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Two splice variants of Nek2 kinase, a member of the NIMA-related family, have been identified as Nek2A and Nek2B. Nek2A regulates centrosome disjunction, spindle formation checkpoint signaling, and faithful chromosome segregation. A specific role for Nek2B has not yet been identified. Here, we have examined the distinct roles of Nek2A and Nek2B using timelapse video microscopy to follow the fate of cells progressing through the cell cycle in the absence of either Nek2A or Nek2B. We show that the down-regulation of Nek2B leads to a mitotic delay in the majority of cells. Upon exiting mitosis, cells exhibit mitotic defects such as the formation of multinucleated cells. Such phenotypes are not observed in cells that exit mitosis in the absence of Nek2A. These observations suggest that Nek2B may be required for the execution of mitotic exit.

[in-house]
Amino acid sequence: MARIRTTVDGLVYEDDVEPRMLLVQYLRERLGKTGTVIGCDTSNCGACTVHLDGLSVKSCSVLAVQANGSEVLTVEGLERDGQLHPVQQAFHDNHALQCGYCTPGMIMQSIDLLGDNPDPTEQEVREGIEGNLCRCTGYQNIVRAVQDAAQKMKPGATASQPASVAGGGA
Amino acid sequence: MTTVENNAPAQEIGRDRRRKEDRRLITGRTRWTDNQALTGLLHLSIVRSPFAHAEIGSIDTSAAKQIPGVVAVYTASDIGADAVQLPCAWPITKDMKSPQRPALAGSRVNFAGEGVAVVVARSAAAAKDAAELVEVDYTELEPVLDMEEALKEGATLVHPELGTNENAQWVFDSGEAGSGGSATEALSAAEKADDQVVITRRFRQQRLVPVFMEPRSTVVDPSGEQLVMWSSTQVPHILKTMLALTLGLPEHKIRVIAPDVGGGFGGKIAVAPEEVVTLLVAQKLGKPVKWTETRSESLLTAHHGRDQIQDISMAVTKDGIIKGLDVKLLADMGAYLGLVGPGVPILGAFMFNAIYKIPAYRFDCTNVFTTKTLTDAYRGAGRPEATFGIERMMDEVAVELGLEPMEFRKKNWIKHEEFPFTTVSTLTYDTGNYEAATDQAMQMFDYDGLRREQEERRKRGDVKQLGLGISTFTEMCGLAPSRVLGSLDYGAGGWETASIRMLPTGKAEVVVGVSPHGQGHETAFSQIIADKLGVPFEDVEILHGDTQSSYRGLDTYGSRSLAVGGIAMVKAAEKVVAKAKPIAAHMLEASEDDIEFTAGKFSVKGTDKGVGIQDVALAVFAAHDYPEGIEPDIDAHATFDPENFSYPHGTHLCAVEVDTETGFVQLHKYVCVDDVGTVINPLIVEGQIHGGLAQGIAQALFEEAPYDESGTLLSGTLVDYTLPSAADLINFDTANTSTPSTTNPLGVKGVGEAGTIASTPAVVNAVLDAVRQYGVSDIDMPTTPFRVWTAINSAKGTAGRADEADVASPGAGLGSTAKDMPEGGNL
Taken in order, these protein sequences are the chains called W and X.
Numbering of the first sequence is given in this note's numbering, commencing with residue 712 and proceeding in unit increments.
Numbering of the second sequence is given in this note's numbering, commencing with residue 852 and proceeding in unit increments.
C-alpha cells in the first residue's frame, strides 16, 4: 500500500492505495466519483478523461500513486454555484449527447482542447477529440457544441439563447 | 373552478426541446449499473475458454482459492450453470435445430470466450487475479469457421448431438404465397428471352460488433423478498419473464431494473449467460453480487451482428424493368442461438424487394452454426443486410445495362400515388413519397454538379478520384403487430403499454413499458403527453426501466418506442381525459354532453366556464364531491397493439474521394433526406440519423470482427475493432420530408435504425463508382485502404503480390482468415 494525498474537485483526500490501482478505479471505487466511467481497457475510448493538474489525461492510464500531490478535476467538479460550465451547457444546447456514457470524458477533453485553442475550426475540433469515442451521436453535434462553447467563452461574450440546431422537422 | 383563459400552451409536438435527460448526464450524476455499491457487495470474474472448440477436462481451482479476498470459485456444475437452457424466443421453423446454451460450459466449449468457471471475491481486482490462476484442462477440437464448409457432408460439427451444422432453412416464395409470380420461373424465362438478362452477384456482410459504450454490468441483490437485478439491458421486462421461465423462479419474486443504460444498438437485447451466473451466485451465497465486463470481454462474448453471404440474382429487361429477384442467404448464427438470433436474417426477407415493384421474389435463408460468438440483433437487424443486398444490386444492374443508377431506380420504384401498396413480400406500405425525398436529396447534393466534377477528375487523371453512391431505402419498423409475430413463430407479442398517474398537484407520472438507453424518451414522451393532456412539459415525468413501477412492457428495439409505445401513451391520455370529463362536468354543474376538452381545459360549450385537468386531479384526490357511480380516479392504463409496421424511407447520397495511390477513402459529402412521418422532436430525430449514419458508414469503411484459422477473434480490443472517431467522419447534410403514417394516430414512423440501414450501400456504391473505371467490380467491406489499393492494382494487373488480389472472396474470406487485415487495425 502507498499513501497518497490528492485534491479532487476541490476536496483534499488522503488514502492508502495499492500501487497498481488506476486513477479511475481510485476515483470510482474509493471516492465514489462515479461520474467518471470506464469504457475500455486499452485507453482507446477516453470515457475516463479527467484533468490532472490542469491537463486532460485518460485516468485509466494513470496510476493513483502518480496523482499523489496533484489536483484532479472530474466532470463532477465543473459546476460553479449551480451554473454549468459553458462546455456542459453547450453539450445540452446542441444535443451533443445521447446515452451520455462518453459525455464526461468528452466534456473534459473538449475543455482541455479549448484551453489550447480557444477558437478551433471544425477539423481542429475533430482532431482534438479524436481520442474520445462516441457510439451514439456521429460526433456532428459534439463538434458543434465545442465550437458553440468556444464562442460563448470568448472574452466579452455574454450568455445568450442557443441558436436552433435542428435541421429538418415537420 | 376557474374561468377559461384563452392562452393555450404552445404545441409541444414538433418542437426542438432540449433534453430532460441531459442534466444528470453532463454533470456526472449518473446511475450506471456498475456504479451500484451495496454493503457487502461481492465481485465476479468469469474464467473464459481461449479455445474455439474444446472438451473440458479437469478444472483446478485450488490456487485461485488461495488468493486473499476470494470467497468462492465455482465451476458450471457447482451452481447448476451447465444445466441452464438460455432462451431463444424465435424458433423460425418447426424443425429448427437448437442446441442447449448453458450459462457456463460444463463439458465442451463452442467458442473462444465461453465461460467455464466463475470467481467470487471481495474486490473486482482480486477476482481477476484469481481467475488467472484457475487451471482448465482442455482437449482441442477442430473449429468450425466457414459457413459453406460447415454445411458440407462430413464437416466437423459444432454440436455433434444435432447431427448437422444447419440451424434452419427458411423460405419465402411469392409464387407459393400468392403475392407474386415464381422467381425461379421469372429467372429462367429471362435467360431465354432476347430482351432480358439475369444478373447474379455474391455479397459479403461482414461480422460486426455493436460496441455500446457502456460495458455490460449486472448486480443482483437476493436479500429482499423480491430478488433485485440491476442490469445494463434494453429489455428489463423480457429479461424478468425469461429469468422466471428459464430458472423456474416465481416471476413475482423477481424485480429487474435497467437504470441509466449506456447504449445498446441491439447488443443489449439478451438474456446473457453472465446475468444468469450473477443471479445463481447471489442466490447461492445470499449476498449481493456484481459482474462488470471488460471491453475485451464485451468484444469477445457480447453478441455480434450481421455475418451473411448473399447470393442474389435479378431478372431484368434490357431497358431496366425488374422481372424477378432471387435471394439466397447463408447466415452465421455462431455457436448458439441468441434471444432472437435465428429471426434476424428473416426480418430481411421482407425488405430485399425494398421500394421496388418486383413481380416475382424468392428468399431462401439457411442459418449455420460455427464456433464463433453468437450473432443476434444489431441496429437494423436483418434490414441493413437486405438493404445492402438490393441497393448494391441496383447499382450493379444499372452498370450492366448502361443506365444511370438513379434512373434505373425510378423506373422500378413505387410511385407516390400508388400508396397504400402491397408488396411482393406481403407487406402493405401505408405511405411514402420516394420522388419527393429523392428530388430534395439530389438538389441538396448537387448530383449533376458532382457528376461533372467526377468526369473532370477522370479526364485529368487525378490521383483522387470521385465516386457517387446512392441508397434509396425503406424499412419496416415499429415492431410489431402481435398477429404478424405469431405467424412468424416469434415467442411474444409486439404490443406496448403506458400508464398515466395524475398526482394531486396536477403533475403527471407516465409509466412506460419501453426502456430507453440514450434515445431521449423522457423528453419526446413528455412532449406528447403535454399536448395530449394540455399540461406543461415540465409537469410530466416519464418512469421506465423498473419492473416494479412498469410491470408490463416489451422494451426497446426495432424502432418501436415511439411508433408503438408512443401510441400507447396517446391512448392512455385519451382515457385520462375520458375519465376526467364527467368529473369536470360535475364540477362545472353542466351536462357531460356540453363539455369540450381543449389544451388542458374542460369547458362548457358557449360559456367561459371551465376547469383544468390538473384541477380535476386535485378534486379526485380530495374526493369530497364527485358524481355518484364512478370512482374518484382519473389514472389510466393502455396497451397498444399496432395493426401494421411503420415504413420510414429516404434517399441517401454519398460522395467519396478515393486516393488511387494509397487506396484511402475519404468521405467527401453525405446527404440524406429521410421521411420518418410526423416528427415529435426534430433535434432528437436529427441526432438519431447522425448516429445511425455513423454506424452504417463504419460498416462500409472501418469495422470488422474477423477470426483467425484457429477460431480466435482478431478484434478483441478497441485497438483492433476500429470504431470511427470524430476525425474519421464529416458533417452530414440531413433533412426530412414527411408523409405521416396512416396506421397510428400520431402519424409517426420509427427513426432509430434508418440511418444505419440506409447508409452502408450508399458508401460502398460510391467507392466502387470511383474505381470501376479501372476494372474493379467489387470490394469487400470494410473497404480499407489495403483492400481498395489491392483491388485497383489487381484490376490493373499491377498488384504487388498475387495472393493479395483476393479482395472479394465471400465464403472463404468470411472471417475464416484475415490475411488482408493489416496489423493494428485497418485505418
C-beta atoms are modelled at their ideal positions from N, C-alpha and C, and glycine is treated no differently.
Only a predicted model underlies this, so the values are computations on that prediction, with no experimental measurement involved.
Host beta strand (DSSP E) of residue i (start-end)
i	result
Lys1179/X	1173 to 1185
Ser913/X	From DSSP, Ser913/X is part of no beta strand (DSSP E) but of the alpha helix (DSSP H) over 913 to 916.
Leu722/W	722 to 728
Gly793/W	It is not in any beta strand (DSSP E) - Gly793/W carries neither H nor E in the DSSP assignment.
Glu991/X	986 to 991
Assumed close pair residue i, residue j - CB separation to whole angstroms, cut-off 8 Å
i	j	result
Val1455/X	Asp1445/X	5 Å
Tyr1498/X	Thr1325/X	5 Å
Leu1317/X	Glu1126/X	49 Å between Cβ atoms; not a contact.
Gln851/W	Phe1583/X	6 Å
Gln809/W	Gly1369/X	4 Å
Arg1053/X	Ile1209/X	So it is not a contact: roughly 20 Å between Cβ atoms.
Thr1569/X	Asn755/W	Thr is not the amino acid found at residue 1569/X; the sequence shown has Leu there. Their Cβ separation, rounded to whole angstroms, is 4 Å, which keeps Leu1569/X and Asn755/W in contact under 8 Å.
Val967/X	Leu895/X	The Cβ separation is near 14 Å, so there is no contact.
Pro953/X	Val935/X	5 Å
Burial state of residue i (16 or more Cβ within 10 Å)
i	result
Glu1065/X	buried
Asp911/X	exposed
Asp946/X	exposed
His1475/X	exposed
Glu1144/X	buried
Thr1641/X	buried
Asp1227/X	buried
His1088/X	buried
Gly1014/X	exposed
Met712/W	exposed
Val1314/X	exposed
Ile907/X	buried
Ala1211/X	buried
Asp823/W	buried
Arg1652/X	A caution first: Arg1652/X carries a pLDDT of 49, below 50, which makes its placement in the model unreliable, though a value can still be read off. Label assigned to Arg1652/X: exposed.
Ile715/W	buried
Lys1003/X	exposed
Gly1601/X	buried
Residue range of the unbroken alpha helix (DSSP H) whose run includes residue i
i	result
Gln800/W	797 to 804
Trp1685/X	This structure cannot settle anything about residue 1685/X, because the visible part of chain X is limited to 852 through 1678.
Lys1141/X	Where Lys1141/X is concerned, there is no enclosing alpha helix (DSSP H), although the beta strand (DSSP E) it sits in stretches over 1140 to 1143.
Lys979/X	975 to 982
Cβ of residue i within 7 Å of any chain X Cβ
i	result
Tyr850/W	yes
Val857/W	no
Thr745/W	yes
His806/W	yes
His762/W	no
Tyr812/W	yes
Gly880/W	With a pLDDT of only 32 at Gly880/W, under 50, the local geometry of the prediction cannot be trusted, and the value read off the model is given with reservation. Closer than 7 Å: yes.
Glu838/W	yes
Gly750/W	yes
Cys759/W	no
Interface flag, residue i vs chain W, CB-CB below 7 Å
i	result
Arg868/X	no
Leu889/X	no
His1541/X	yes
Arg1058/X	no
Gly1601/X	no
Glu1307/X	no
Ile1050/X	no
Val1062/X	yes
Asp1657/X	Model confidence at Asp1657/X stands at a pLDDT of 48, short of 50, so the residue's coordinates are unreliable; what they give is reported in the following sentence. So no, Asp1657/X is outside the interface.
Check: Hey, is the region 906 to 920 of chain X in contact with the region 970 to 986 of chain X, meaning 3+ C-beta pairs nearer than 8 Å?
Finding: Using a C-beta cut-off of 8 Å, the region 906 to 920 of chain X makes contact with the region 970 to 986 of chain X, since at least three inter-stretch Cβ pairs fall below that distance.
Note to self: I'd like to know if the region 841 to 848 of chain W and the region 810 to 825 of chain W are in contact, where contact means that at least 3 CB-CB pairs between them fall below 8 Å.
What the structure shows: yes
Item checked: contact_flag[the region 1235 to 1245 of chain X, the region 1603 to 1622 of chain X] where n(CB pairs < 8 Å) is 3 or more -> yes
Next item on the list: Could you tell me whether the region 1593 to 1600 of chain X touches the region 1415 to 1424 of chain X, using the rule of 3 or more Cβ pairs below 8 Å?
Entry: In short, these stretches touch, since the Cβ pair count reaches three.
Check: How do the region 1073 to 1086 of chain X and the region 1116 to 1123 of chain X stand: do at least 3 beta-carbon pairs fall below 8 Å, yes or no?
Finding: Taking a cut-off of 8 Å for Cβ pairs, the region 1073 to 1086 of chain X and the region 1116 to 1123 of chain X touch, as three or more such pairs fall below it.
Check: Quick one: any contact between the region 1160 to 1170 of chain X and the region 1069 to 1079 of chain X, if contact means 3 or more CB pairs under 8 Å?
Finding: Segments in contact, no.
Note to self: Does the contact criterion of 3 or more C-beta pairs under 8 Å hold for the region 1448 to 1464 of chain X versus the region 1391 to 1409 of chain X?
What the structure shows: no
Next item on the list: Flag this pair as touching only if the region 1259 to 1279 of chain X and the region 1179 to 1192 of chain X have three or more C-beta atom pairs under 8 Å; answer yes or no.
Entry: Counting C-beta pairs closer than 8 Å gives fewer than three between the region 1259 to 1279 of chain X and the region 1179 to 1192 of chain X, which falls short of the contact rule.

Original publication




Journal article


Biochim Biophys Acta

Publication Date





89 - 92


Alternative Splicing, Cell Cycle, Cell Cycle Proteins, Centrosome, Down-Regulation, Gene Expression Regulation, Enzymologic, Green Fluorescent Proteins, HeLa Cells, Humans, Image Processing, Computer-Assisted, Isoenzymes, Microscopy, Video, Mitosis, Molecular Weight, NIMA-Related Kinases, Protein-Serine-Threonine Kinases, RNA, Small Interfering, Time Factors